|Published online: September 26, 2016||$US5.00|
More than half of the Tokelau population has relocated to New Zealand, raising issues for cultural maintenance. The exhibition—a collaboration between the local community, museum, and university architecture students—took place in the community gallery of a suburban museum Pataka Art + Museum. The aim of the exhibition was not only to provide a space where Tokelauan people could think, talk, and reminisce about their culture, but also to provide input and ideas for a Tokelauan cultural centre that is being designed by students from the School of Architecture in collaboration with the Tokelauan community. The paper explores ways that museums can work with multiple groups and institutions to fulfill allied (but not necessarily the exact same) aims, and how exhibitions can be used as a method of research and engaging with a particular audience in an inclusive and emotive way. Community empowerment extended from arts and craft demonstrations to anti-violence campaigning, new parent campaigns, displays of children’s books in the Tokelau language, youth talent competitions, and elders’ game competitions. The inclusive exhibition was successful in attracting a large number of new visitors to the museum and eliciting an important set of new relationships that continued on after the exhibition had ended.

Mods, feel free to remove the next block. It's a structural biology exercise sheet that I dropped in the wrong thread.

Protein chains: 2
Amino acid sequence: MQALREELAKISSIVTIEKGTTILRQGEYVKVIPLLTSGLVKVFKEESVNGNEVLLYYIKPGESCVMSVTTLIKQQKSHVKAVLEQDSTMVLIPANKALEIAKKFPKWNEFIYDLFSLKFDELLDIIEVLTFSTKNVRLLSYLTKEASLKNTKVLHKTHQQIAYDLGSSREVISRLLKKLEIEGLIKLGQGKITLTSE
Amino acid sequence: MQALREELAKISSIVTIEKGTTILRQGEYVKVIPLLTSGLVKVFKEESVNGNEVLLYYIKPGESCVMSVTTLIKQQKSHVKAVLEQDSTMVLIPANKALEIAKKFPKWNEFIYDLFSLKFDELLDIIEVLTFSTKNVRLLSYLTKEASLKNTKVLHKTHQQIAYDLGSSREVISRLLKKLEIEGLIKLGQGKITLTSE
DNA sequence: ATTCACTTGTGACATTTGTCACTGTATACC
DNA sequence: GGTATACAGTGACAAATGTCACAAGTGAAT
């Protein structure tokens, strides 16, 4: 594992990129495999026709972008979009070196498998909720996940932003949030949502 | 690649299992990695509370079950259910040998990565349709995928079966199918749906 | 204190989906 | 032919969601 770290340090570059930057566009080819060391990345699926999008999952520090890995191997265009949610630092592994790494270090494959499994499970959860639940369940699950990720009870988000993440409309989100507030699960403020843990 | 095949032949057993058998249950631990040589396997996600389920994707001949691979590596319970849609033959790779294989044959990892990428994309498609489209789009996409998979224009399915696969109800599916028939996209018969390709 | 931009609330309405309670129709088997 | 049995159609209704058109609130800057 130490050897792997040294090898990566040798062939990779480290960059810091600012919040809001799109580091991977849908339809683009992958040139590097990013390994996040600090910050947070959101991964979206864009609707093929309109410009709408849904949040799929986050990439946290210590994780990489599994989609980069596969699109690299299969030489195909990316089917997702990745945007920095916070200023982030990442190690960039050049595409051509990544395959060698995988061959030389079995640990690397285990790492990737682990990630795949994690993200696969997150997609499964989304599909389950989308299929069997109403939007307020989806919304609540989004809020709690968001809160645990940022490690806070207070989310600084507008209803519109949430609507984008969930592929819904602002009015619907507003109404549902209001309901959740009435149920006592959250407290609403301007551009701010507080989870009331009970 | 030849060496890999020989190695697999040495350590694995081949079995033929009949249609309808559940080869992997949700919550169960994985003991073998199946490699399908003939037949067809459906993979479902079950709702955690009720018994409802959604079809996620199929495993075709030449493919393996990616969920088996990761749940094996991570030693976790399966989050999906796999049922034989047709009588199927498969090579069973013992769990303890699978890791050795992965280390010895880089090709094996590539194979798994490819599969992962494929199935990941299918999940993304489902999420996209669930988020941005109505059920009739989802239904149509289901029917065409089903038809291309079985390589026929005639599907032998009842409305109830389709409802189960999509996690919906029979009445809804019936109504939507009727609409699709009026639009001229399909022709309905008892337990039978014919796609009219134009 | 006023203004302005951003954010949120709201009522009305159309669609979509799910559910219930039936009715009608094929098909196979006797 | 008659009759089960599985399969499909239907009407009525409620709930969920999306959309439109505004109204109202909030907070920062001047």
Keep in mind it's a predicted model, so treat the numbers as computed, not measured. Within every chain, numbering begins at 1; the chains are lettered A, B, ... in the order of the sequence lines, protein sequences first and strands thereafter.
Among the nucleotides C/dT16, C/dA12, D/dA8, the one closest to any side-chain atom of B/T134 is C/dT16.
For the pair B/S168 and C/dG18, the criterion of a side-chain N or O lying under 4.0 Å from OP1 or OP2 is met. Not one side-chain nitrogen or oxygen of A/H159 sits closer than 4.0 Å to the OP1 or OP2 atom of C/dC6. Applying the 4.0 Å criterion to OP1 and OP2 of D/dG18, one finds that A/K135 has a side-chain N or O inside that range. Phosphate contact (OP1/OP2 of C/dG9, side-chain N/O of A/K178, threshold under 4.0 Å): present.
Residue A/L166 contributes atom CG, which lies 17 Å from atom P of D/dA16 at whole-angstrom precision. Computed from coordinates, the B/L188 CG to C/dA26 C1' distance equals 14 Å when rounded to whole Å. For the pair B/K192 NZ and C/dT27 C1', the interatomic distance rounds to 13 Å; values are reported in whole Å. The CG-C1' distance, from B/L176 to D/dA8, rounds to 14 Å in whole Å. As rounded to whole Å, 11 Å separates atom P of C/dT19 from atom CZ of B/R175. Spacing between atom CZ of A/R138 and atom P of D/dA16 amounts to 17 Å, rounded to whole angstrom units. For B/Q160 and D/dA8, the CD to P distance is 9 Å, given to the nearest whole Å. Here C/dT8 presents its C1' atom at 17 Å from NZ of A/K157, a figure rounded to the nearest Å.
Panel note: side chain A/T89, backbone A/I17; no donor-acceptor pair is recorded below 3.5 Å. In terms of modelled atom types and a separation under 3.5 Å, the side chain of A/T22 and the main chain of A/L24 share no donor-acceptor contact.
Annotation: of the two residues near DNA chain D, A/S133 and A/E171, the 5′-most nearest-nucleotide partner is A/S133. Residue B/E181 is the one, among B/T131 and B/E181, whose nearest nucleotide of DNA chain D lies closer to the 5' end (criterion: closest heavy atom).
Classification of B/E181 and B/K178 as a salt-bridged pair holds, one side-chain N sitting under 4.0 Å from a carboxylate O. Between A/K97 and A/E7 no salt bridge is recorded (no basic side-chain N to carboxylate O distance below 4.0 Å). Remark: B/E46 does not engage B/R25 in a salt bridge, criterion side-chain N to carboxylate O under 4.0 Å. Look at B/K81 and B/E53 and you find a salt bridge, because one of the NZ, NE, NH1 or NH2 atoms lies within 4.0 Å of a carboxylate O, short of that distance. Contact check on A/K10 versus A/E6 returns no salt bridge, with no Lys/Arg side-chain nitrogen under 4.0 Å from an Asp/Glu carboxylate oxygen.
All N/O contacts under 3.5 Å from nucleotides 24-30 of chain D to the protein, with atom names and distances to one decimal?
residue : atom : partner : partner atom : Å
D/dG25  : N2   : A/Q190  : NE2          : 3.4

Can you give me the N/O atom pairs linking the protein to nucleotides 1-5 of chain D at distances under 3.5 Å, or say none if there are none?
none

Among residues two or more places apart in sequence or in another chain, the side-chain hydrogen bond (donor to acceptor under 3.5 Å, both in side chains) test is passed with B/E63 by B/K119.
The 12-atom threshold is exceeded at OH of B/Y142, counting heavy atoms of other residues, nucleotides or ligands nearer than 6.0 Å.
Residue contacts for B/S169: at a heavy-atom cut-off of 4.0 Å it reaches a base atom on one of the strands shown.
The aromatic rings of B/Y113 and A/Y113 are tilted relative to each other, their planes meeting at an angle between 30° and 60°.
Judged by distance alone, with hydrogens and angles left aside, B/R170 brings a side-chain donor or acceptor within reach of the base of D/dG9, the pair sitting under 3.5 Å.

|Keywords:||Community Empowerment, Museum Exhibition, Grassroots, Tokelau, Inclusive Museum, Participatory Design, Cultural Heritage, Climate Change|
Senior Lecturer, School of Architecture, Victoria University of Wellington, Wellington, New Zealand
Lecturer, School of Architecture, Victoria University of Wellington, Wellington, New Zealand
Teaching Fellow, School of Architecture, Victoria University of Wellington
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